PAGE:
Premier League chief executive Richard Scudamore has given the clearest indication yet that Sky's monopoly of television coverage may be at risk when the next round of bidding for rights begins.
Sky have supported the Premier League since its conception 20 years ago, and currently broadcast 115 live matches over a 12 month period, having paid close to £1billion to secure five of six 'packages' between 2010 and 2013.
ESPN are the junior partner, as it were, to Sky and spent around £160 million for the other package in order to screen 23 Premier League matches - a contract which expires next May.
When the rights are put out to tender next year, it is expected that Al Jazeera - which is owned by the Qatari royal family - will enter into the bidding process, and their sizeable financial clout will certainly worry ESPN and, perhaps, even threaten Sky's supremacy.
Amid suggestions that Al Jazeera will attempt to secure a number of packages between 2013 and 2016, Scudamore says that, regardless of any loyalty felt towards Sky, the Premier League are required to bow to the highest bidder.
"Our current arrangements - and I see no reason why our future arrangements won't have to be - are regulated, and are regulated heavily," Scudamore said, according to PA Sport.
"Our packages are put out into the open market and we have to have an open tender for those packages. We have to sell to the highest compliant bidder."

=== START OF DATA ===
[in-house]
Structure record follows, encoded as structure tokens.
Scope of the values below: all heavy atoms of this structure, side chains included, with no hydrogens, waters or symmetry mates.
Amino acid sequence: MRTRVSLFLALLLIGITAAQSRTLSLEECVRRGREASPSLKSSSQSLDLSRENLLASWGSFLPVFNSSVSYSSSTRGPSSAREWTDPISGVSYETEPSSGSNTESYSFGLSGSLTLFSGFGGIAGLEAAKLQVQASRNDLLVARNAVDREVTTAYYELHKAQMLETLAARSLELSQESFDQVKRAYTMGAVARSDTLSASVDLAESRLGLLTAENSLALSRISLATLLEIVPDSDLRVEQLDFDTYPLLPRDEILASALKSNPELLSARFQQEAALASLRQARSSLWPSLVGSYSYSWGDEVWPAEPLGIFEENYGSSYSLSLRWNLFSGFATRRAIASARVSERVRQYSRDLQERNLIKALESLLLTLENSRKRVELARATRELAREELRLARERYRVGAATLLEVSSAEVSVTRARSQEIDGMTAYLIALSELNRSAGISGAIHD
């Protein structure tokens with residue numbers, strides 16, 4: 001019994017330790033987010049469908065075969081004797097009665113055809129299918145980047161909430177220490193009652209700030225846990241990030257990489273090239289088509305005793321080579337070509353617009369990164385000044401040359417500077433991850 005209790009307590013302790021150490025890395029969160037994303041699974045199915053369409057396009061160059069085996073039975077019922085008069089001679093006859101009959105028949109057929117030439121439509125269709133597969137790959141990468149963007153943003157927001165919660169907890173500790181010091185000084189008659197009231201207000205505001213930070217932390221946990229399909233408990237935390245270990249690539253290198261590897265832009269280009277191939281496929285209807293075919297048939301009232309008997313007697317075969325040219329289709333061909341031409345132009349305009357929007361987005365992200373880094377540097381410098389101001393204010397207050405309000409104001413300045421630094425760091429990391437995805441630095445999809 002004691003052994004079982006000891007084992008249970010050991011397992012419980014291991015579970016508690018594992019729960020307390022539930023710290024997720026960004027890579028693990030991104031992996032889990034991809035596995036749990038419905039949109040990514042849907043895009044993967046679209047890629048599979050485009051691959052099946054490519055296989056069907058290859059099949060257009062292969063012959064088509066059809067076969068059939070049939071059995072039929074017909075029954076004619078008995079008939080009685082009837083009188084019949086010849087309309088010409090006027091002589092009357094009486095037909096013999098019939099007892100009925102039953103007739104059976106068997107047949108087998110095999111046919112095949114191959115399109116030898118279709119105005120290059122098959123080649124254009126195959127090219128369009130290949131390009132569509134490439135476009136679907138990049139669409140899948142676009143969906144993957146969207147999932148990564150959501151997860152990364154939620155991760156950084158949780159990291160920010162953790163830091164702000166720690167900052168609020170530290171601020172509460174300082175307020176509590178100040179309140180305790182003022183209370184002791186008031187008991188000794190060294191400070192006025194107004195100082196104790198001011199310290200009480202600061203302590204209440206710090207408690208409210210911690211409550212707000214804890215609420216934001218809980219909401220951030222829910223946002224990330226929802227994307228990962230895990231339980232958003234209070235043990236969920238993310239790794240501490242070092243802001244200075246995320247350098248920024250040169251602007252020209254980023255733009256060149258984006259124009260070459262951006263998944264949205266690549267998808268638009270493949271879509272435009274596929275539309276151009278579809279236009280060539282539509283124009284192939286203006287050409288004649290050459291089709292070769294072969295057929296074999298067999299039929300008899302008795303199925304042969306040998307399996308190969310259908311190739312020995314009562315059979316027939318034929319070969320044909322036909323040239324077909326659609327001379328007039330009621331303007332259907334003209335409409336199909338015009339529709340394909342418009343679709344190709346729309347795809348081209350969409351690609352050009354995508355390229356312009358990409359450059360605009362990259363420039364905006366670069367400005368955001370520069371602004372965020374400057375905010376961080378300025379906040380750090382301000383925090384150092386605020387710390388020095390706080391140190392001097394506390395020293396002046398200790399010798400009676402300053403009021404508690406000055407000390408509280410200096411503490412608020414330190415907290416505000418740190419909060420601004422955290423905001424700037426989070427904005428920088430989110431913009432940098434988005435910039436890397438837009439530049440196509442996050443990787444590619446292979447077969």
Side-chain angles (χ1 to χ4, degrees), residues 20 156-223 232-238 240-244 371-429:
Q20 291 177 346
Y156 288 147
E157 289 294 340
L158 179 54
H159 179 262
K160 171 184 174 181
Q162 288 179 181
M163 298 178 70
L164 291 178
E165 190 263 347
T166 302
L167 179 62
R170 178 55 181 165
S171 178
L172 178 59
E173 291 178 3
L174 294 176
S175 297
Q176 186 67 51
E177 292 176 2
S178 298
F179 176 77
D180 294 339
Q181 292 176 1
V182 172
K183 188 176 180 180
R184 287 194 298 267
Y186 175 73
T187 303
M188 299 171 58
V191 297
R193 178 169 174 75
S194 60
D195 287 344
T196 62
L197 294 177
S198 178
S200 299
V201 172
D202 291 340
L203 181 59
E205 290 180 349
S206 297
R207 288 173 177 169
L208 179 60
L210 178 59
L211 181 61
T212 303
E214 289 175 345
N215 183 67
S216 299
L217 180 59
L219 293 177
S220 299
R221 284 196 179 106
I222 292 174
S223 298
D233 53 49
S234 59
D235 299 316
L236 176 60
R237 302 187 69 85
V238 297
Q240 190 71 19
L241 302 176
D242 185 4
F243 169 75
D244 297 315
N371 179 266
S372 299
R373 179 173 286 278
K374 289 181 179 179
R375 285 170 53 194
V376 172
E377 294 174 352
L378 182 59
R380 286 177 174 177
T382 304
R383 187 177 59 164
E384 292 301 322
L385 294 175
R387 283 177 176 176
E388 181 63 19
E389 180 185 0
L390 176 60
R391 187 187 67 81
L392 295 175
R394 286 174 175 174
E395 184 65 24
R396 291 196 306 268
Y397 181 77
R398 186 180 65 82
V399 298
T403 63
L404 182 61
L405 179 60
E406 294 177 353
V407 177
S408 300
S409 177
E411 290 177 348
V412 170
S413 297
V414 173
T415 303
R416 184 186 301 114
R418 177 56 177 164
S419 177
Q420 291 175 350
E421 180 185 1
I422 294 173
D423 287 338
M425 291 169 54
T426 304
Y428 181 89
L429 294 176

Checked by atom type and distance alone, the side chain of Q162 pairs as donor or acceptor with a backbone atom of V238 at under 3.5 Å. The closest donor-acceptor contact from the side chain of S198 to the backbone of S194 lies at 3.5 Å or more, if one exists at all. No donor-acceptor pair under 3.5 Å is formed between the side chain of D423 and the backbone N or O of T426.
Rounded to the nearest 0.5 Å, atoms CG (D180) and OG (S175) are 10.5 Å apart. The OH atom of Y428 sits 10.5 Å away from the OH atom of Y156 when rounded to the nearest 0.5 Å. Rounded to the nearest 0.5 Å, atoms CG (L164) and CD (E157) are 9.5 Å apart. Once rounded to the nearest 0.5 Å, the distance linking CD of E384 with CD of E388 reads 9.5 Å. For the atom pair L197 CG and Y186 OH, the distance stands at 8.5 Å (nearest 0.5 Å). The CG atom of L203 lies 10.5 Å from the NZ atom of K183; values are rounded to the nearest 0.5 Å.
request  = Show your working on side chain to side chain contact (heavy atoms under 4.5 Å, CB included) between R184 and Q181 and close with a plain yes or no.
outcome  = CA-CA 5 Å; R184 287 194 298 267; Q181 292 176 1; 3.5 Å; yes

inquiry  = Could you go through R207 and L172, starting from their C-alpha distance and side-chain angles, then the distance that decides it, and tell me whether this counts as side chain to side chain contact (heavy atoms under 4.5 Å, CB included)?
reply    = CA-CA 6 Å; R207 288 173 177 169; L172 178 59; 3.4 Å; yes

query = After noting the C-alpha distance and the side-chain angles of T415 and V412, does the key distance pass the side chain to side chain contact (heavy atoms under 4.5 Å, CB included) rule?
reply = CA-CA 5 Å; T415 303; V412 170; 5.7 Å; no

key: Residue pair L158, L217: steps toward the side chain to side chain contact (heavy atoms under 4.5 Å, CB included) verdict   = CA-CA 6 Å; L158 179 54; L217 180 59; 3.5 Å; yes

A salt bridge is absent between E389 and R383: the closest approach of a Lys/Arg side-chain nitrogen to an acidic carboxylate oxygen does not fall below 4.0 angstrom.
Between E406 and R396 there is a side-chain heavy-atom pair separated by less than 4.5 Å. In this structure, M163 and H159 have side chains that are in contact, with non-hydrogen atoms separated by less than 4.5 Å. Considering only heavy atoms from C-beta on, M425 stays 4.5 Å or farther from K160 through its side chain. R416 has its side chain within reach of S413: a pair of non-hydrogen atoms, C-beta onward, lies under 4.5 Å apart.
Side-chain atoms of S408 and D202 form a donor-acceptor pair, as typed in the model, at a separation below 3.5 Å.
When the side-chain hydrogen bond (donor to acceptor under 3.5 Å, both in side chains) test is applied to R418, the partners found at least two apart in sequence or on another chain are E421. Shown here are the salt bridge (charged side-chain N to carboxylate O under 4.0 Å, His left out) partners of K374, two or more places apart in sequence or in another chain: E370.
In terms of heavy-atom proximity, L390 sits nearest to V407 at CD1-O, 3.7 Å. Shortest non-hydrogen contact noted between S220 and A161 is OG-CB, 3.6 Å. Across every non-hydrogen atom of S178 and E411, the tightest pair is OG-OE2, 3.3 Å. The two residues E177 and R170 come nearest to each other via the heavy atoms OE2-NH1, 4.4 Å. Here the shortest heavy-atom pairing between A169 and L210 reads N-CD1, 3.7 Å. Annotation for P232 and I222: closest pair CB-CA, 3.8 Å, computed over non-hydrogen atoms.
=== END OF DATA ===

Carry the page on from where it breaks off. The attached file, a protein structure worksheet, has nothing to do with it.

He added: "Whilst, of course, we have a huge regard and respect and Sky's made a fantastic impact on our business, ultimately whatever umbilical cord there might be as an ongoing, working, commercial relationship, that gets severed once that tender gets issued."
Al Jazeera have already demonstrated their willingness to upset domestic balance by outbidding French broadcaster Canal Plus for the rights to show Ligue 1 games from next season.
It was previously unthinkable that Sky's domination of the UK market would be challenged, but with Middle East investment in football increasing, 2013 will be a pivotal year for the corporation.
With Rupert Murdoch's media empire enduring its most testing time since it was created over 30 years ago, things could become even worse should Al Jazeera make an attempt to swipe his crown jewel.
The relationship between Sky and the Premier League has come under scrutiny and, as the former's reputation continues to take a battering, Al Jazeera's interest could come at the perfect time for the latter.
Sky's power will also be affected by last year's European Court of Justice ruling that broadcasters could not be given 'territorial exclusivity on a member state basis', which will see the Premier League deliberate further as to whether or not they should sell rights on a pan-European basis.
Doing so would provide more income and protection for the Premier League, and provides an ideal opportunity to curtail an over reliance on the financial backing of Sky.
There will, of course, be suggestions that the Premier League will become too dependant on the potential riches of Al Jazeera, but working on a pan-European basis could eventually spread into wider investment.
Such are the regulations, the Premier League will not have a say when money begins to talk next year, but Al Jazeera ousting Sky after two decades of rule would prove to be supremely beneficial for Scudamore and Co.
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